As the U.K. pursues its divorce from the EU, smaller U.S. drug and device companies could be caught disproportionately in the collateral damage.
Many of them already struggle with the cost of duplicative regulatory requirements involved in marketing their products in the EU, but those costs could increase under Brexit, according to a report released last week by the U.S. International Trade Commission on trade-related barriers impacting U.S. small- and medium-sized enterprises (SMEs) that export to the U.K.
For instance, the Clinical Trials Directive and its soon-to-be-successor, the EU Clinical Trials Regulation, require sponsors to have an EU-based legal representative. After the split, sponsors who currently have that subsidiary/representative in the U.K. would need to add an EU entity – either by duplicating their U.K. presence in another EU country or by establishing a new EU presence – to be able to access the EU market. Either alternative would increase costs, which could prove burdensome for an SME, the commission said.
The EU's Registration, Evaluation, Authorisation and Restriction of Chemicals (REACH) regulatory system, which applies to pharmaceuticals, cosmetics and other chemical products, requires a similar EU-based presence in the form of an "only representative" (OR). Again, some of the current ORs are based in the U.K.
When the U.K. goes its own way, it's expected to set up a U.K. REACH program based on that of the EU. To prevent another layer of regulatory costs, industry has suggested that the U.K. program accept EU REACH registered chemicals and documentation. It also recommended that the EU allow SMEs with U.K. ORs to retain their OR. One SME interviewed by the commission said switching to a new or unaffiliated OR could compromise the security of the company's information and disclose confidential business information.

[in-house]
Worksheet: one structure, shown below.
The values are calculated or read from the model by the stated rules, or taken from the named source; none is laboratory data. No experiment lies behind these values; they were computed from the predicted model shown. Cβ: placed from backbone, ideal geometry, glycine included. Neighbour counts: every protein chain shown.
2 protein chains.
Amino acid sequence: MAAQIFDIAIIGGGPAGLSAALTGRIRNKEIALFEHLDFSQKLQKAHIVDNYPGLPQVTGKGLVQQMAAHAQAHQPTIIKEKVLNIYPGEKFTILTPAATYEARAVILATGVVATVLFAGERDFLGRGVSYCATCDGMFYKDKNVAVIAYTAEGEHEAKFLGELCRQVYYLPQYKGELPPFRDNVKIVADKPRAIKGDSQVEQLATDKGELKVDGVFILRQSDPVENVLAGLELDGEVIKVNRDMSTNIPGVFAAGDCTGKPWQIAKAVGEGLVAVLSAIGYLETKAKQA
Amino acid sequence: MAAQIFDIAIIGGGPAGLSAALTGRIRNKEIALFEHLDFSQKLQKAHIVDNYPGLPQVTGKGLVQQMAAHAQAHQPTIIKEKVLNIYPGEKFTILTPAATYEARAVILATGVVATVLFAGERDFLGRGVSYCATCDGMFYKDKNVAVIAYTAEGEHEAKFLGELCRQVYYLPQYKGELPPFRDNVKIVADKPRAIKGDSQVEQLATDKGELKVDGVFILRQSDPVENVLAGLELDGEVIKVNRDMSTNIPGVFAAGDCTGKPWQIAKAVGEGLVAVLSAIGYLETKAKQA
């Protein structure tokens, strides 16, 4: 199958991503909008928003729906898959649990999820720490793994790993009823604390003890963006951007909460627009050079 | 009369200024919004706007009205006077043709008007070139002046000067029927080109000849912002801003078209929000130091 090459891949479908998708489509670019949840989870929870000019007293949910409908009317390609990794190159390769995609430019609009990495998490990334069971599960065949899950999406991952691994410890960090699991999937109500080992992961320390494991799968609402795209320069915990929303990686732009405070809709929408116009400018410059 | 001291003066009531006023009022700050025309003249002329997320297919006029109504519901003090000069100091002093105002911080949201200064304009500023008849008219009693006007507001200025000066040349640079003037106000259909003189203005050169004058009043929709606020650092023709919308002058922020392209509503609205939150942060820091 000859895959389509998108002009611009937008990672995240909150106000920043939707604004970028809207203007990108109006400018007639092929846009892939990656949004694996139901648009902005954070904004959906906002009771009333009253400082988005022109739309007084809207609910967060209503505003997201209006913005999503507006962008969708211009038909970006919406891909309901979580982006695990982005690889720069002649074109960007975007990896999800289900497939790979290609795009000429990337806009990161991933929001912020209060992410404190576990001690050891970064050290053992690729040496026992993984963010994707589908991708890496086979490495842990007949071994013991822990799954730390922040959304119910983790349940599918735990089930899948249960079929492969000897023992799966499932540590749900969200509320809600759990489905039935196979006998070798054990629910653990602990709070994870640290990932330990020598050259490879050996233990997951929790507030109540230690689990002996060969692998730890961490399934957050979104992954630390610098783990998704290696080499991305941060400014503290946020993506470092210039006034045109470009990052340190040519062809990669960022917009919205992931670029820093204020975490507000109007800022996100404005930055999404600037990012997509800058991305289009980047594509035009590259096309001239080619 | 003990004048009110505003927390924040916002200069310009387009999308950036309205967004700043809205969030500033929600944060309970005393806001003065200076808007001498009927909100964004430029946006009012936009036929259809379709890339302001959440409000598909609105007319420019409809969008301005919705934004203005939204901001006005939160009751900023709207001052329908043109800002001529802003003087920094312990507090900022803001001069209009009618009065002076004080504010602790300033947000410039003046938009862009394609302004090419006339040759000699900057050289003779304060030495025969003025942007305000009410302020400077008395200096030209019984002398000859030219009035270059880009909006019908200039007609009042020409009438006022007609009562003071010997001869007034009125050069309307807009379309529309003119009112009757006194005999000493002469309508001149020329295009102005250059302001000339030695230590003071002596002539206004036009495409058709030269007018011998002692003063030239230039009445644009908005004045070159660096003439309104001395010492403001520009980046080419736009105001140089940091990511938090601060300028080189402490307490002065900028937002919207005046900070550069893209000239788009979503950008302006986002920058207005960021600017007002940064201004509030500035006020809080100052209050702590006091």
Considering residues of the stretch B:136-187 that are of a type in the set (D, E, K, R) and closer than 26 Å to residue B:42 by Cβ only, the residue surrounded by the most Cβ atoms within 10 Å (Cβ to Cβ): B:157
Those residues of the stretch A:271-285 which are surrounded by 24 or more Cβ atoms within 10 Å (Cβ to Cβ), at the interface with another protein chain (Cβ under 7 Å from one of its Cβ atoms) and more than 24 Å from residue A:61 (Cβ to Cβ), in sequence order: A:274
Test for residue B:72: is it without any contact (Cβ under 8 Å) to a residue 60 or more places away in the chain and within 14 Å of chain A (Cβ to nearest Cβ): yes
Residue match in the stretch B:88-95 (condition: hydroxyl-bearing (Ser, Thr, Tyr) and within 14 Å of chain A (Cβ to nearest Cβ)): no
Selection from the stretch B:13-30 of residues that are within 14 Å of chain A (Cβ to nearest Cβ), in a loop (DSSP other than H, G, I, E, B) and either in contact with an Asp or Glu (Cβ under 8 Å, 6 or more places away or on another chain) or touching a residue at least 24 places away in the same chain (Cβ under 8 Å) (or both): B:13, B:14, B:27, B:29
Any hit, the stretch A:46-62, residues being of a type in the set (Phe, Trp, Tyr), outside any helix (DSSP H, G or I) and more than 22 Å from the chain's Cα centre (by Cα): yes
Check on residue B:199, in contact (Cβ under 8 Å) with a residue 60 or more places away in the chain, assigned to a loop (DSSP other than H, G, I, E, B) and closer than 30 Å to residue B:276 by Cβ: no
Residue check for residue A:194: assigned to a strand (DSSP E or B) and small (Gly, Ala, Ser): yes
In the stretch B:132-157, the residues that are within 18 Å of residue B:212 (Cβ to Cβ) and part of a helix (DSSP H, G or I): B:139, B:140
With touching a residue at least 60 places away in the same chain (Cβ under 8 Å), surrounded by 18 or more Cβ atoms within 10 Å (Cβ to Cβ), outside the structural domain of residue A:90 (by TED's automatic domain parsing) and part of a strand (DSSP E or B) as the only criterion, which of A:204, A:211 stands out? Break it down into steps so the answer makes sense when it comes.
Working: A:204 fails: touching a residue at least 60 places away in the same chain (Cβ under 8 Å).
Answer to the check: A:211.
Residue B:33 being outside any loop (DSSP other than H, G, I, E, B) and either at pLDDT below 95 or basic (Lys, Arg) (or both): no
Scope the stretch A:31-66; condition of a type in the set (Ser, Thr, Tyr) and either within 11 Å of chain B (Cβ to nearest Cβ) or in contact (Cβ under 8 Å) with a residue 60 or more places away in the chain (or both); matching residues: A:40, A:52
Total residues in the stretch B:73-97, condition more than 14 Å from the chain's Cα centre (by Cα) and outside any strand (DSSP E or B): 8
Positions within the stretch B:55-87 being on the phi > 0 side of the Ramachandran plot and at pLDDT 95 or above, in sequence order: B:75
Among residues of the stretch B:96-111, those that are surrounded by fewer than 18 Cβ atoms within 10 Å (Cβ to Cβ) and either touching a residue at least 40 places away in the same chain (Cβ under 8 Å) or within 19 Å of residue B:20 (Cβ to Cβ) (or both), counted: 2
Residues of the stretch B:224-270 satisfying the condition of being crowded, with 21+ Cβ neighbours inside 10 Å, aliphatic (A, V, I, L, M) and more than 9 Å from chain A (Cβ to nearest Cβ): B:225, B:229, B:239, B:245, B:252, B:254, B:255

Duplicative regulatory costs
In preparation for a possible Brexit, the U.S. and U.K. have signed several mutual recognition agreements, including one pertaining to pharmaceutical manufacturing inspections that should reduce some of the regulatory costs for U.S. drug companies exporting products to the U.K. Despite similarities in the countries' regulations, there is no reciprocal agreement governing medical devices, according to the report.
Consequently, U.S. device makers continue to face duplicative compliance costs that already serve as trade barriers for SMEs. Complying with just one FDA regulation can cost a device company millions of dollars, the commission said. It noted one estimate on the cost of bringing a medical device to market in the U.S. on the premarket authorization path is $18.9 million. When a company exports the device, it faces additional regulatory costs.
For example, "the need to obtain a CE mark is a significant trade-related barrier that negatively affects SMEs exporting medical products to the U.K. because the process is time-consuming and expensive," the report said. The U.K. requires device firms to conduct an internal conformity assessment for their products or, if necessary, have a conformity assessment done by a third party. If a third party is used, the company is responsible for the certifiers' travel and accommodation expenses.
Providing reciprocal certifications between the U.S. and U.K. for devices that meet closely harmonized standards would reduce the regulatory burden and cost on SMEs, which make up most of the U.S. medical device industry, the commission said. The report noted that 73% of U.S. device companies have fewer than 20 employees, and 88% have fewer than 100.
"U.S. SMEs that produce and export medical goods are disproportionately affected by the added time and costs needed to duplicate certifications on certain medical devices and products," the report said.
The commission identified a number of other existing problems that create trade barriers for drug and device SMEs, including requirements for labeling, licensing and packaging. But perhaps one of the biggest barriers for SMEs is the cost of protecting intellectual property (IP) in multiple countries, especially in the EU where the acquisition and maintenance costs for patents are substantially higher than in the U.S. and other major markets, according to the report.
After spending more than $150,000 in attorneys' fees and costs to obtain U.S. patents, one SME told the commission that it decided it wasn't worth spending more to broaden the company's IP protection so it could operate abroad. Other SMEs agreed "that the high costs and complexity associated with obtaining and protecting patents were overwhelming, with the result that SMEs often focus more on the U.S. market and less on international opportunities," the commission said.
That can be a risky decision as U.S. IP rights won't protect against infringement elsewhere. "IP is often an important contributor to the value and competitiveness of U.S. firms of all sizes. . . . While a larger business may be able to absorb the losses associated with IP infringement, for SMEs it can be an 'end-of-life occurrence,'" the report said.